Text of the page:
A Blog post by Nerges Azizi (PhD Law)
Diversity100 / ESRC UBEL studentship award holder
My name is Nerges Azizi and I recently started the MPhil in Law at Birkbeck, University of London. My research addresses ways of resisting the European border regime, with a particular focus on the role of strategic litigation. I chose this topic because of the experiences I have had working with refugees as a translator and interpreter. In the course of that work, the law again and again surfaced as an obstacle and an instrument of power designed to regulate their existence, behaviour and expectations. Despite the disciplinary and oppressive function of the law, the people who I was working with were forced to appeal to the law in order to receive protection. This provoked me to question whether there could be alternative uses of the law, ones less geared towards regulating and disciplining the lives of refugees, towards ones that hold states accountable. During my preliminary research, I came across strategic litigation, which describes the tactical use of legal tools to hold states accountable for their human rights obligations.
At present, I am sceptical about the prospects of this tool, however, I am looking forward to examine all the ambivalences and difficulties of engaging with the law. I am particularly interested in what the resort to legal means might be able to reveal about the ways in which the European border regime is constituted and contested. My geographical focus is the Mediterranean Sea, which presently has been transformed into a site of death and racial violence by European policy makers and border guards. I aim to place this sphere into a longer historical perspective, in which the sea was not partitioned into north and south, east and west – nor was it necessarily functioning as a border – rather, it might have worked as a space of encounter, connection or a bridge. At the same time, I will be attentive to the colonial, imperial and racial violence shaping the history of its human crossings. Tracing histories of the Mediterranean, as well as conceptually departing from the sea, hopefully allows me to imagine another function for it and opens the possibility of an alternative future. I am very excited to work on the project and look forward to the writing that will emerge from it.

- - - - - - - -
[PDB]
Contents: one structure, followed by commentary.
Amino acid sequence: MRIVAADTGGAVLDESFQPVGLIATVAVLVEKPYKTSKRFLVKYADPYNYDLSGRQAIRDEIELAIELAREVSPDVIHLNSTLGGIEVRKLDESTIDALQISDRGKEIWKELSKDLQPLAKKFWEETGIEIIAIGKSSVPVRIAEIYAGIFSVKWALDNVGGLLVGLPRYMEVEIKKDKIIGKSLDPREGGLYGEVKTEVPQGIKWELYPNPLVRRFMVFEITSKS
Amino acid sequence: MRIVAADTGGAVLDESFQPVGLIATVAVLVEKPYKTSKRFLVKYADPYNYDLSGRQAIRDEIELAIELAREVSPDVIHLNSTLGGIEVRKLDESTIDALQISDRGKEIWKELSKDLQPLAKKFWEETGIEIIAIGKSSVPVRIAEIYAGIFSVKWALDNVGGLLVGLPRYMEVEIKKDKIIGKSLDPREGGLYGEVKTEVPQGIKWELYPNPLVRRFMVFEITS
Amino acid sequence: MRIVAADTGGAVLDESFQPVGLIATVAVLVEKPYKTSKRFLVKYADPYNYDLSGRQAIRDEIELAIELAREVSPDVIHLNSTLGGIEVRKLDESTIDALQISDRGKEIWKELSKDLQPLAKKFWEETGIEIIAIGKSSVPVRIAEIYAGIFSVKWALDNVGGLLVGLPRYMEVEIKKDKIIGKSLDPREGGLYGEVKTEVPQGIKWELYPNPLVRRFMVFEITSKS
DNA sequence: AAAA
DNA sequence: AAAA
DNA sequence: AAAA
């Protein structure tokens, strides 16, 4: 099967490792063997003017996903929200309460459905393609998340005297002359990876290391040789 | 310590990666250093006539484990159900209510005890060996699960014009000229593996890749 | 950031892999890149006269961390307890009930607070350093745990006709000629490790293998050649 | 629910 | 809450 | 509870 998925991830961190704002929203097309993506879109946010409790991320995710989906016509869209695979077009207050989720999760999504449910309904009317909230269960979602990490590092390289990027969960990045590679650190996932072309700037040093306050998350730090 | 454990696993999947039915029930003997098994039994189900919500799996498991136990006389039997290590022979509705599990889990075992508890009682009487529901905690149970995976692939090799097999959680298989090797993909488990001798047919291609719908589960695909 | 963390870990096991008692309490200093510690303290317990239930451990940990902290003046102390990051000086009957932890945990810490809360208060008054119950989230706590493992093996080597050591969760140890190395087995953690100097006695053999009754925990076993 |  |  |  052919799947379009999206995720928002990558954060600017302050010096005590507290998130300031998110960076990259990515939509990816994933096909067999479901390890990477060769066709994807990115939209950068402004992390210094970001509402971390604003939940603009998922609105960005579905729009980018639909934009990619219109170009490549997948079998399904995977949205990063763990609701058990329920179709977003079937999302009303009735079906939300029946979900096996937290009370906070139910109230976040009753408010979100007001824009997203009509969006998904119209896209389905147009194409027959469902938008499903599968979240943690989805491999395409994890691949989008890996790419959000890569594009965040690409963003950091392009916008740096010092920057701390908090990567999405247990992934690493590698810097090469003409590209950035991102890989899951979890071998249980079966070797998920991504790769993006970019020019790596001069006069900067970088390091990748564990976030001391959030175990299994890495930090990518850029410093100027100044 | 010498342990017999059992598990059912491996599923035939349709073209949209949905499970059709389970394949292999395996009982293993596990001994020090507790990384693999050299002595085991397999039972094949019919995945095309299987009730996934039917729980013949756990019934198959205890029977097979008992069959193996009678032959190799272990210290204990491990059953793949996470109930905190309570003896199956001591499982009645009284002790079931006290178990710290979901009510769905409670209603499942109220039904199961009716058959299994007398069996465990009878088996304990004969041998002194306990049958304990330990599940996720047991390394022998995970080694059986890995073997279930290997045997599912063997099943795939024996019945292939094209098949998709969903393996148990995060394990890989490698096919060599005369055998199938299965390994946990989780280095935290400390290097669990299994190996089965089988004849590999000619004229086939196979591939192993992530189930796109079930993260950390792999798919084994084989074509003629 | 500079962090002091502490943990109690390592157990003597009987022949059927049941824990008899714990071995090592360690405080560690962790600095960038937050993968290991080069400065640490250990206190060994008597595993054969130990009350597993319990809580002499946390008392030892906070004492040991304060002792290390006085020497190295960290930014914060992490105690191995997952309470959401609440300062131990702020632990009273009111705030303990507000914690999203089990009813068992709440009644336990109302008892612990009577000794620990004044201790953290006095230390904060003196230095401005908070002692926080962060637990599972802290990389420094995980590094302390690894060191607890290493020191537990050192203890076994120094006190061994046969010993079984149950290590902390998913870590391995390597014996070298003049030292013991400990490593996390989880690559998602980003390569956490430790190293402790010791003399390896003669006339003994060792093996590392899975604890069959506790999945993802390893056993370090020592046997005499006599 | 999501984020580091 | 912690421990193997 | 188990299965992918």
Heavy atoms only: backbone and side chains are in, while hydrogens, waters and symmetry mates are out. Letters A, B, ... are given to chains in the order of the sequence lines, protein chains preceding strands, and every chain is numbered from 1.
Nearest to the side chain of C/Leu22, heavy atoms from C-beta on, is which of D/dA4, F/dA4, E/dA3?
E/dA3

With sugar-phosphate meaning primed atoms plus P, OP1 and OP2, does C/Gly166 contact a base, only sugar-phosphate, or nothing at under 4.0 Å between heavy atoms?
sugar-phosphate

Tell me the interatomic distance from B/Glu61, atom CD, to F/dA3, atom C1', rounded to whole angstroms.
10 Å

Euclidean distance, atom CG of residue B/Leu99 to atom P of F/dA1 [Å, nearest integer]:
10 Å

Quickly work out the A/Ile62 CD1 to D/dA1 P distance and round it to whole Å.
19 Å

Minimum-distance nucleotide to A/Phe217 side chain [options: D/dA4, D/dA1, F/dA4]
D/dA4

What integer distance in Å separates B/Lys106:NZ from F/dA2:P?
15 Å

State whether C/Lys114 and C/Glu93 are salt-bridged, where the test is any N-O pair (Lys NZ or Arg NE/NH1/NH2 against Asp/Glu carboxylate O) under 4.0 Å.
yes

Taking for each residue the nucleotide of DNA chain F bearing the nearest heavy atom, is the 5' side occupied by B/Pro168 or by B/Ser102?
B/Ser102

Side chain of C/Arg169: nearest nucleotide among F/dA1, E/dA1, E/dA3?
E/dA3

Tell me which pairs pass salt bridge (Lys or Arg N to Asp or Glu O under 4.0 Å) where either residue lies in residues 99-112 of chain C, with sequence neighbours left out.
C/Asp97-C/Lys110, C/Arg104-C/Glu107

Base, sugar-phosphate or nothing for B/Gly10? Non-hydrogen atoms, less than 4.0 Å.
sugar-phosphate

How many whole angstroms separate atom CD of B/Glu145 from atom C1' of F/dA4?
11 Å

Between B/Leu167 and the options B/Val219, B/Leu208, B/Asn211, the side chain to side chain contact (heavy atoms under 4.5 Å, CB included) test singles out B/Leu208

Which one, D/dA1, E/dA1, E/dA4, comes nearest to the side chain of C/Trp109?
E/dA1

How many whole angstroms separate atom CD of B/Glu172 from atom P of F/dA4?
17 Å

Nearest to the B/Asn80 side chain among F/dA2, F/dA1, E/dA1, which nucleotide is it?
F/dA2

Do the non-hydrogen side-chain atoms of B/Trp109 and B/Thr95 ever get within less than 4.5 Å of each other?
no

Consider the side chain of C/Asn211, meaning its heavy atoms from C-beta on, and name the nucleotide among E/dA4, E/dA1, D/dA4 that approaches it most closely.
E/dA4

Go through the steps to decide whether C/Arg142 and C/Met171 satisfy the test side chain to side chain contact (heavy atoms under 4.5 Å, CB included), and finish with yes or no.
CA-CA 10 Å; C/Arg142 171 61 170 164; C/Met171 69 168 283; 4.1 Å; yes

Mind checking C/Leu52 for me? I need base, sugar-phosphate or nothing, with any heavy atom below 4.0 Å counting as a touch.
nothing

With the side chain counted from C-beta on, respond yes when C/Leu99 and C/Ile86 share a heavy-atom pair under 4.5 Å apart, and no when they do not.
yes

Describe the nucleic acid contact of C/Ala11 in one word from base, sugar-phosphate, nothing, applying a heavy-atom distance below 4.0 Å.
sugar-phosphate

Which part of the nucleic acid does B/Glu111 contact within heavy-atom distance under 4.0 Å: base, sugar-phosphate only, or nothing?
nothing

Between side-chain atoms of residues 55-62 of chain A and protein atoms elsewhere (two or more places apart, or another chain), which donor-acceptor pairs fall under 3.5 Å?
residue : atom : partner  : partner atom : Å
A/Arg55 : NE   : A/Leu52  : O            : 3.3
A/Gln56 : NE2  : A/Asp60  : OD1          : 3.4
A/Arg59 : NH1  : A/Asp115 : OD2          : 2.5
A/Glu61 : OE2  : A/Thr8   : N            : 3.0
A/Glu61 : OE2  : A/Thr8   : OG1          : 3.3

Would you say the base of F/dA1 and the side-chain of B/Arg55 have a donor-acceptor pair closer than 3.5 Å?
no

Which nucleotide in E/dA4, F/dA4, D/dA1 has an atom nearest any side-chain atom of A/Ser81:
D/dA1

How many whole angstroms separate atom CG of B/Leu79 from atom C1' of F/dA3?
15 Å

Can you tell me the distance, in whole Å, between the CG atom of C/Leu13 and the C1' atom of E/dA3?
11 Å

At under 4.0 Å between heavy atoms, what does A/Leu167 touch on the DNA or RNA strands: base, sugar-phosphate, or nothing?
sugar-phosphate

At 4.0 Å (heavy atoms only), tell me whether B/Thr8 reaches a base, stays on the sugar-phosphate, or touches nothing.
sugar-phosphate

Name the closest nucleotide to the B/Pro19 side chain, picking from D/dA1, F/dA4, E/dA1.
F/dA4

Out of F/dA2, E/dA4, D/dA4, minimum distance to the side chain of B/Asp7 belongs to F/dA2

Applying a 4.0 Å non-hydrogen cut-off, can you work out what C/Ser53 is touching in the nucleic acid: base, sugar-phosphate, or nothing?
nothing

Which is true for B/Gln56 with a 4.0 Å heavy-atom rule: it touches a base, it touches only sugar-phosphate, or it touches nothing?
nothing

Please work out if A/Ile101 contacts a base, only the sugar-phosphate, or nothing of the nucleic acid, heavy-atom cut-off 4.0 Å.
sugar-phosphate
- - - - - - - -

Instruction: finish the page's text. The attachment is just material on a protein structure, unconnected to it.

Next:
When applying for the PhD, considering who my supervisors would be, and who else would be working at the department and at the school where I would be based, was of high importance to me. This is because I consider my environment to shape me intellectually; we learn from the people around us. A PhD is a long project and is potentially accompanied with some anxieties and self-doubt, therefore working with supervisors whose work I am familiar with and respect ensures that I can trust that my research will be guided in the right direction. Of course, having the financial stability of a scholarship is indispensable and crucial to be able to concentrate on researching and writing. This is particularly so for students of working class background and ethnic minorities. I would recommend everyone to apply to existing scholarship opportunities.